Canada to shut down rail firm involved in Quebec town disaster
By David Ljunggren
OTTAWA (Reuters) - Canada will shut down the rail operator whose tanker train blew up in a Quebec town last month, killing 47 people, because the firm does not have enough insurance to pay clean-up costs and other damages, a government regulator said on Tuesday.
The Canadian Transportation Agency said it would suspend the operating license of Montreal, Maine and Atlantic Railway (MMA) and its Canadian subsidiary from August 20, to give the two firms "time to arrange for the orderly cessation of their operations in Canada."
MMA filed for bankruptcy protection in Canada and the United States last week after the July 6 derailment and crash of the runaway train laden with oil. The resulting explosions obliterated the center of lakeside Lac-Megantic, a small town in eastern Quebec close to the border with Maine.
In a court filing, the company said its insurance covered liabilities up to C$25 million ($24.2 million), while clean-up costs could exceed C$200 million.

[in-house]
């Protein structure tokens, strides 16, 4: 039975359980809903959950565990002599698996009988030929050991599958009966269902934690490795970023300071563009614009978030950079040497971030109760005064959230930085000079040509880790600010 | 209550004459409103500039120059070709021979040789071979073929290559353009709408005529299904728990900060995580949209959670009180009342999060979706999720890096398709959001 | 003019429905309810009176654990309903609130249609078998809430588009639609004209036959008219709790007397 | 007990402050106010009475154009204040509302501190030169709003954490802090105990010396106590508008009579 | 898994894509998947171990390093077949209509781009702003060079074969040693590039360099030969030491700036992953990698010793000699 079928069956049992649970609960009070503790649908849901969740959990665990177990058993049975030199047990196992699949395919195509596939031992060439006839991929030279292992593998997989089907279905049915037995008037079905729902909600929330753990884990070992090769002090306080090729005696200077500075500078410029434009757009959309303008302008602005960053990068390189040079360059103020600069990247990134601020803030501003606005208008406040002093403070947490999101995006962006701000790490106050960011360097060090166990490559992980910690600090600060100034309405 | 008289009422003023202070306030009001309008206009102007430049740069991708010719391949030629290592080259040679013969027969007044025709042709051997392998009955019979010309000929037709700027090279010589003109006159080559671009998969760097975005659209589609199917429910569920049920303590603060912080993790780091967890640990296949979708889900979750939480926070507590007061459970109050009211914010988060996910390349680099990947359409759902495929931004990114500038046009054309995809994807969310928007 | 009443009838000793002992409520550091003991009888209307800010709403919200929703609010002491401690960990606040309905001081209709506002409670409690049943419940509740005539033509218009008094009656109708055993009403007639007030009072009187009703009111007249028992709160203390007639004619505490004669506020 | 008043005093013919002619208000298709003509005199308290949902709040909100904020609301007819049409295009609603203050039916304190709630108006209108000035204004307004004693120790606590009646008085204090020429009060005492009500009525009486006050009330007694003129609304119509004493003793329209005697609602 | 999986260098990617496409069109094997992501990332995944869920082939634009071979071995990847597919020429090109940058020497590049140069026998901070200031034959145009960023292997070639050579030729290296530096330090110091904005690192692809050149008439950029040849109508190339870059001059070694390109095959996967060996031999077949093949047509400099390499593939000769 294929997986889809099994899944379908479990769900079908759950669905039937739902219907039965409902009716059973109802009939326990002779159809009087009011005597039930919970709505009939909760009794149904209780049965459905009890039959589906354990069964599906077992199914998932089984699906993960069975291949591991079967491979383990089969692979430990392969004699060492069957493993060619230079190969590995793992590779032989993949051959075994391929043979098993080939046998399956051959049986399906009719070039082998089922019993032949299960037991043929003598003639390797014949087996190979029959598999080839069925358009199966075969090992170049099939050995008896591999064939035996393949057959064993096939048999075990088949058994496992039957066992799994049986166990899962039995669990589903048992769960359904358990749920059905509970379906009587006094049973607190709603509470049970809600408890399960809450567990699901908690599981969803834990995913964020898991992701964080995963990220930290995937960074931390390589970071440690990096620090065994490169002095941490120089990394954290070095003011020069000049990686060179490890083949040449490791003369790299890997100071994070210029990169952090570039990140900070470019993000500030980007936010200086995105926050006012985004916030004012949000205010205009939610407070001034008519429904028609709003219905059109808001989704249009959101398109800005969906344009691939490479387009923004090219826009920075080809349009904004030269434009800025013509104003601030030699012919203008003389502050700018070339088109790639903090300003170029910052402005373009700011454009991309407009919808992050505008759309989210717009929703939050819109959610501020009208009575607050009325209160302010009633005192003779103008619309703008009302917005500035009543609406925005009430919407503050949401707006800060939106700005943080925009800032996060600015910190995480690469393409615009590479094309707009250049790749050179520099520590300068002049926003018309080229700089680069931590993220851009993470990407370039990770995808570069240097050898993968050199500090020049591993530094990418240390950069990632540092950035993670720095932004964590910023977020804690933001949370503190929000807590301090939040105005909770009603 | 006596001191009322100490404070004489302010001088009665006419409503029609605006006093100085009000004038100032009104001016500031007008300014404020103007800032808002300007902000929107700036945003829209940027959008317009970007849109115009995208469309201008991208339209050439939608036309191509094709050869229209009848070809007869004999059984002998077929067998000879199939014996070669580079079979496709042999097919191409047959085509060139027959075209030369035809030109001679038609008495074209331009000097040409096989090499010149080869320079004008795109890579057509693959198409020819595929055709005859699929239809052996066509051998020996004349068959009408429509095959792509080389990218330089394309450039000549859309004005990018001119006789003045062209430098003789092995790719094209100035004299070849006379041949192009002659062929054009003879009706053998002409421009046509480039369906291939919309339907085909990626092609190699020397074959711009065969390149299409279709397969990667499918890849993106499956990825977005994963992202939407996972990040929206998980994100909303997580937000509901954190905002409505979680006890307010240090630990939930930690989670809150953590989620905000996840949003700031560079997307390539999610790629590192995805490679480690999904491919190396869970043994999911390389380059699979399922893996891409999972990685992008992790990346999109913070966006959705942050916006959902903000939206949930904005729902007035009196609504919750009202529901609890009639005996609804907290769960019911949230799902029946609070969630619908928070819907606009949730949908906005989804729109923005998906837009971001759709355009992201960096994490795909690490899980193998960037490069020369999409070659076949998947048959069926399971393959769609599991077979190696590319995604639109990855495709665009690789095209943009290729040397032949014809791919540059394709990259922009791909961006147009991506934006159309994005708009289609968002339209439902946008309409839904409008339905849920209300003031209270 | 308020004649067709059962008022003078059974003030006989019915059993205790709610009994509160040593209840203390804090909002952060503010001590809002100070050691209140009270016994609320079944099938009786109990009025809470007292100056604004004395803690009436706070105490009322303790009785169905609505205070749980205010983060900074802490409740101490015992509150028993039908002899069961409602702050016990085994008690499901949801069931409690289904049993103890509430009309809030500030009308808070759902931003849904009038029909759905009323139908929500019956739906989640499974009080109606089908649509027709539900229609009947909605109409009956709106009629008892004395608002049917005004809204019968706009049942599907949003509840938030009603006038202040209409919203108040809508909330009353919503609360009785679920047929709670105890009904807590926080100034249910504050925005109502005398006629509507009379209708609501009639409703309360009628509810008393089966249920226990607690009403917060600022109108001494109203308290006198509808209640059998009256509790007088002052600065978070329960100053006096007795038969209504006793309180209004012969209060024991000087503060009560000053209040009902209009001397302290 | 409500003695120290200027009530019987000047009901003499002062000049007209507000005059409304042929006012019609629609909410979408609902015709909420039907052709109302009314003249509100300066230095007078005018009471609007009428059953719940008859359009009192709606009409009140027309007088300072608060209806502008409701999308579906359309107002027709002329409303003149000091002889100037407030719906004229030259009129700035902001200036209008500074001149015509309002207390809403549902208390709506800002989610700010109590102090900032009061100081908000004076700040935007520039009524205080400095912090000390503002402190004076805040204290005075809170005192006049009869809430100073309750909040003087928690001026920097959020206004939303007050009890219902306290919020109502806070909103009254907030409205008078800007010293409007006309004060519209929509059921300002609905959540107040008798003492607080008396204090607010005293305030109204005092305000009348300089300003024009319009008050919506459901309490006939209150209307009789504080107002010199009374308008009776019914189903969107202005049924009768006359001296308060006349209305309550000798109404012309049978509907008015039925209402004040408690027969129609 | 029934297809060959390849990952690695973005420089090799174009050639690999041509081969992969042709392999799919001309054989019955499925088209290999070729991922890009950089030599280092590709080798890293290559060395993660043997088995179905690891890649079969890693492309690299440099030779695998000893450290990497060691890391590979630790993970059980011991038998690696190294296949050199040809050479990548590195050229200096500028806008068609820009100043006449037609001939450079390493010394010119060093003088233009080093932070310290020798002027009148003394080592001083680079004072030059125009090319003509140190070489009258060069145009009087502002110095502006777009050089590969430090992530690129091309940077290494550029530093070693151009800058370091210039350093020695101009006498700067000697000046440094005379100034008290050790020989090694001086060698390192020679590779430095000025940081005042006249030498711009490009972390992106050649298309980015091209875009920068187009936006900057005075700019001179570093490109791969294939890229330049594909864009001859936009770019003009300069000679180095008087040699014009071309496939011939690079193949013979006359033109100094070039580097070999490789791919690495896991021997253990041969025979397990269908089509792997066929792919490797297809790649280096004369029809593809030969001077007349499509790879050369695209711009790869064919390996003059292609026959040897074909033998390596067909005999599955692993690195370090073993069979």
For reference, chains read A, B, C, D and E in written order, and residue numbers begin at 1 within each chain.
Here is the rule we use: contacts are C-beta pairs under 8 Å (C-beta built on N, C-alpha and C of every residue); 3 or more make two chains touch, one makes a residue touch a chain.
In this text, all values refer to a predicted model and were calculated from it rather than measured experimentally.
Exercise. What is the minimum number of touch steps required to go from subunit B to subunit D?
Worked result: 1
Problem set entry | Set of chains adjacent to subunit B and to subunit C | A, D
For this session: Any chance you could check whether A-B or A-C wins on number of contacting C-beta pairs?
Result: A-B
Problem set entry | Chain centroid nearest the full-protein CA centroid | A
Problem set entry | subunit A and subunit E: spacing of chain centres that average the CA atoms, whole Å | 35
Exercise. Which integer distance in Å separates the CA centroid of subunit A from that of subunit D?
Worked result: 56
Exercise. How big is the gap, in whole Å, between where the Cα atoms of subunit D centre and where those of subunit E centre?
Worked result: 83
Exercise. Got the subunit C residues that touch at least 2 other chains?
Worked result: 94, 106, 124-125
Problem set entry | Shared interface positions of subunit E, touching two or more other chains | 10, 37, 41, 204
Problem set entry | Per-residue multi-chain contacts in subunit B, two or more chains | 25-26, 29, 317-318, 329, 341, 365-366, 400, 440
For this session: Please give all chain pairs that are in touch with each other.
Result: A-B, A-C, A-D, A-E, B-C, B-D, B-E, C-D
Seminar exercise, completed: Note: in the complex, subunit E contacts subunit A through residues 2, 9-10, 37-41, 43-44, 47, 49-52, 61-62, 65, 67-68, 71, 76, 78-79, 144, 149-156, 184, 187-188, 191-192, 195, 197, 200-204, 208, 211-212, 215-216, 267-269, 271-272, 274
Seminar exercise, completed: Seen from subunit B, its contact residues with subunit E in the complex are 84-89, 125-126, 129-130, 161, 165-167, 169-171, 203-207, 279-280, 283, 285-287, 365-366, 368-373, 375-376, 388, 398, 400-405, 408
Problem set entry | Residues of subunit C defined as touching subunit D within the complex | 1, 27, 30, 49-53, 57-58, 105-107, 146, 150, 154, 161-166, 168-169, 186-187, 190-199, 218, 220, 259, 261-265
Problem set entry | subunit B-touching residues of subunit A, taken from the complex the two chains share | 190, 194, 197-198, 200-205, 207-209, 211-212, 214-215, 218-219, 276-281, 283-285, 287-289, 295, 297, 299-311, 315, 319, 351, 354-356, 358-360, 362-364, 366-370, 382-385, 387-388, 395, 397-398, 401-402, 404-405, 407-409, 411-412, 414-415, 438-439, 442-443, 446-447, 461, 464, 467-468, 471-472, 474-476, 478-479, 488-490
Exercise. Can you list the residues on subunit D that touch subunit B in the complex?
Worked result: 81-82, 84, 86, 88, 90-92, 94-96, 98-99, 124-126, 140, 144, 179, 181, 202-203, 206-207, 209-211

MMA also faces a series of class-action lawsuits in Quebec and in the United States on behalf of the victims, as well as a notice of claim from a firm that is unable to ship from its Lac-Megantic production facilities.
An estimated 1.48 million U.S. gallons (5.6 million liters) of oil were spilled in the crash.
The Canadian Transportation Agency - an independent government body that oversees railway insurance - said it had contacted MMA and its Canadian subsidiary to ensure they continued to hold adequate third-party liability insurance.
But the agency was not satisfied with the response, said Geoff Hare, CTA's chief executive officer. Continued...